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The genetic basis of familial adenomatous polyposis and its implications for clinical practice and risk management

Authors Leoz M, Carballal S, Moreira L, Ocaña T, Balaguer F

Received 23 January 2015

Accepted for publication 27 February 2015

Published 16 April 2015 Volume 2015:8 Pages 95—107

DOI https://doi.org/10.2147/TACG.S51484

Checked for plagiarism Yes

Review by Single-blind

Peer reviewer comments 3

Editor who approved publication: Prof. Dr. Martin H. Maurer


Maria Liz Leoz, Sabela Carballal, Leticia Moreira, Teresa Ocaña, Francesc Balaguer

Department of Gastroenterology, Hospital Clínic, Centro de Investigación Biomédica en Red en Enfermedades Hepáticas y Digestivas (CIBERehd), Institut d'Investigacions Biomèdiques August Pi i Sunyer (IDIBAPS), Barcelona, Catalonia, Spain

Abstract: Familial adenomatous polyposis (FAP) is an inherited disorder that represents the most common gastrointestinal polyposis syndrome. Germline mutations in the APC gene were initially identified as responsible for FAP, and later, several studies have also implicated the MUTYH gene as responsible for this disease, usually referred to as MUTYH-associated polyposis (MAP). FAP and MAP are characterized by the early onset of multiple adenomatous colorectal polyps, a high lifetime risk of colorectal cancer (CRC), and in some patients the development of extracolonic manifestations. The goal of colorectal management in these patients is to prevent CRC mortality through endoscopic and surgical approaches. Individuals with FAP and their relatives should receive appropriate genetic counseling and join surveillance programs when indicated. This review is focused on the description of the main clinical and genetic aspects of FAP associated with germline APC mutations and MAP.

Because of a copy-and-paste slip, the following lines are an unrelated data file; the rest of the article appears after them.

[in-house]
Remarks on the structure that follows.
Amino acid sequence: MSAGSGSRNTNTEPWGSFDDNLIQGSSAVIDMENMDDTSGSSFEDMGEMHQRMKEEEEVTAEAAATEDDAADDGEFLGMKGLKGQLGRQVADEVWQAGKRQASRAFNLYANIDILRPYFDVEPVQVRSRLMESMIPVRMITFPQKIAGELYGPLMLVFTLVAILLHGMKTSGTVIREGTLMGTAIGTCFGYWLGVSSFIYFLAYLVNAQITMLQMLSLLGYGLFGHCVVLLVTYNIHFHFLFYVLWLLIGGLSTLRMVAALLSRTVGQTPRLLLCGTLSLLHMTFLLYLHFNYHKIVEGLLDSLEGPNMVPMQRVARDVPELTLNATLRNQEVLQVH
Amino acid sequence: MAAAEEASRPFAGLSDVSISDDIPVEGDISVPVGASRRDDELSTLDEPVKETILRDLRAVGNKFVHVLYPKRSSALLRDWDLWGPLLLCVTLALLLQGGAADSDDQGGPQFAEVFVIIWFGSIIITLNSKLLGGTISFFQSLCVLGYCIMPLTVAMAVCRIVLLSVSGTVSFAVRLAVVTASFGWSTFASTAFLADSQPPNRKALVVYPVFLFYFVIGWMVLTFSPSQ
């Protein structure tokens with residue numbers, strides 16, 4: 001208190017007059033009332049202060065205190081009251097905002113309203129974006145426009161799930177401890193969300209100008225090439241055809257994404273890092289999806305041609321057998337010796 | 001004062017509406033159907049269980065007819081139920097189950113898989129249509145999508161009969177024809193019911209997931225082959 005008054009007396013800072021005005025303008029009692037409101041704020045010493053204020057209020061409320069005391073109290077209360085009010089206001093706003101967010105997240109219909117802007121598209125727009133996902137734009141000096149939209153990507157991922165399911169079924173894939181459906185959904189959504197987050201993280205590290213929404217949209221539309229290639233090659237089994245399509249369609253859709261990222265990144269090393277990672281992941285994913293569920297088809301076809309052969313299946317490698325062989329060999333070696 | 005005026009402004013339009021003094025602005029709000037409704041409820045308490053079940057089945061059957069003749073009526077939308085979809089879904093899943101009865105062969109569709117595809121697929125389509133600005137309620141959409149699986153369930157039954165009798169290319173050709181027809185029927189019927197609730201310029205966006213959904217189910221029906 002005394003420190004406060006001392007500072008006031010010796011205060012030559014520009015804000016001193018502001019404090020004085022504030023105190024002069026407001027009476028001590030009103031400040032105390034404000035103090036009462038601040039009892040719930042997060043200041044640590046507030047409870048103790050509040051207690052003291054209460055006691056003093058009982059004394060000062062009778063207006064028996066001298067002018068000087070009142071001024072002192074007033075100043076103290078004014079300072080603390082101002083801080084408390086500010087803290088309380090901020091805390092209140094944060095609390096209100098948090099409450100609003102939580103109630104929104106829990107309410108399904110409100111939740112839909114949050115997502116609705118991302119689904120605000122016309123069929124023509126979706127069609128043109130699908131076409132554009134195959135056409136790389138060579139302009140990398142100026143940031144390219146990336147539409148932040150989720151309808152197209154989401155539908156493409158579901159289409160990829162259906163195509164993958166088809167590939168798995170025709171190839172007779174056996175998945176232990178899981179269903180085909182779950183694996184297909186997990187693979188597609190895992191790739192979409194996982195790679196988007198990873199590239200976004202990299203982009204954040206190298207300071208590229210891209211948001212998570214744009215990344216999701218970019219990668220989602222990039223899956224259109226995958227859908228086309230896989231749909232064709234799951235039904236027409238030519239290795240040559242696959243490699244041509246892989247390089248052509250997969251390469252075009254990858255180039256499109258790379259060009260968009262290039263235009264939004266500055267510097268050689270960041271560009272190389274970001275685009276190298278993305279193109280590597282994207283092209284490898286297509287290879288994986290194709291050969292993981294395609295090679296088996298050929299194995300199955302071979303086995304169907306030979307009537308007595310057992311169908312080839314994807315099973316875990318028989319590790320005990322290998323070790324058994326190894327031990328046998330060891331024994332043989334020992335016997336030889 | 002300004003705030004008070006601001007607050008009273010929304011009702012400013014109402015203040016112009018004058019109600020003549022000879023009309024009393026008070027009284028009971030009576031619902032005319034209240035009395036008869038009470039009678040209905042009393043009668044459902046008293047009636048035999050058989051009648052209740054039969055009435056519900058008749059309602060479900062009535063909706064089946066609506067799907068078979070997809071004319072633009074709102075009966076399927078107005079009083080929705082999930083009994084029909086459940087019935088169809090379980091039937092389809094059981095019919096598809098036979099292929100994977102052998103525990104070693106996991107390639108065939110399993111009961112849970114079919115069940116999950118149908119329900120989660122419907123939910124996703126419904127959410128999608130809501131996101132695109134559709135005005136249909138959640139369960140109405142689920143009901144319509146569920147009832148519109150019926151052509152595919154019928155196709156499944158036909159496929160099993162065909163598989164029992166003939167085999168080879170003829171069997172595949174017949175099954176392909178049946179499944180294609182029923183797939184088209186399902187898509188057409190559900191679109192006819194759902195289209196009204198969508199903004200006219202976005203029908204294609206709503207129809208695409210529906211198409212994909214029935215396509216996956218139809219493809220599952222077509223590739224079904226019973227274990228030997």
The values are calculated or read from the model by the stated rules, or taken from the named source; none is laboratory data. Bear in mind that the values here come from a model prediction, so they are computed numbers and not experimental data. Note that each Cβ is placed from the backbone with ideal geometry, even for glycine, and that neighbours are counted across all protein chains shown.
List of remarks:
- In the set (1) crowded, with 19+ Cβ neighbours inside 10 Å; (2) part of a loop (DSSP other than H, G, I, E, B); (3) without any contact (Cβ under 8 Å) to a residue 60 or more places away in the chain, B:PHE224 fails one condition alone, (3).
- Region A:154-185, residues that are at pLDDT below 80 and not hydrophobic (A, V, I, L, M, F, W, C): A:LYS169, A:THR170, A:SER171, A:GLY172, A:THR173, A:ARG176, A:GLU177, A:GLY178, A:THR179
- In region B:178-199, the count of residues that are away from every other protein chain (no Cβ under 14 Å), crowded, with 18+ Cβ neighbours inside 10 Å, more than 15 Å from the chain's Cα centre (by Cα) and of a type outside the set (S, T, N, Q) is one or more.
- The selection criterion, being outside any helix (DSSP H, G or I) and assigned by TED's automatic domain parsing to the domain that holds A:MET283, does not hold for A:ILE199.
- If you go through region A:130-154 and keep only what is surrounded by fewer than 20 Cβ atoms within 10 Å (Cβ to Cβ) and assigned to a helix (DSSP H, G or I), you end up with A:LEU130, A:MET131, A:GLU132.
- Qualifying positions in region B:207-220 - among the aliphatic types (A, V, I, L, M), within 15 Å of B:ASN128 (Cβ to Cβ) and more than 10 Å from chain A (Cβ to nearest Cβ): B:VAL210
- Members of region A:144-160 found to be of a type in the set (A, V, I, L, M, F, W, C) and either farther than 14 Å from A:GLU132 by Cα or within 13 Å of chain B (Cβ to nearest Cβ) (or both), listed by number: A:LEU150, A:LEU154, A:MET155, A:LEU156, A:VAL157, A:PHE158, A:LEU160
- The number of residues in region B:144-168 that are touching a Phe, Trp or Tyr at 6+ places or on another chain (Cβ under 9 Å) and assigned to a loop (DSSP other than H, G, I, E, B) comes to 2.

Keywords: colorectal cancer, familial adenomatous polyposis, MAP, APC, MUTYH

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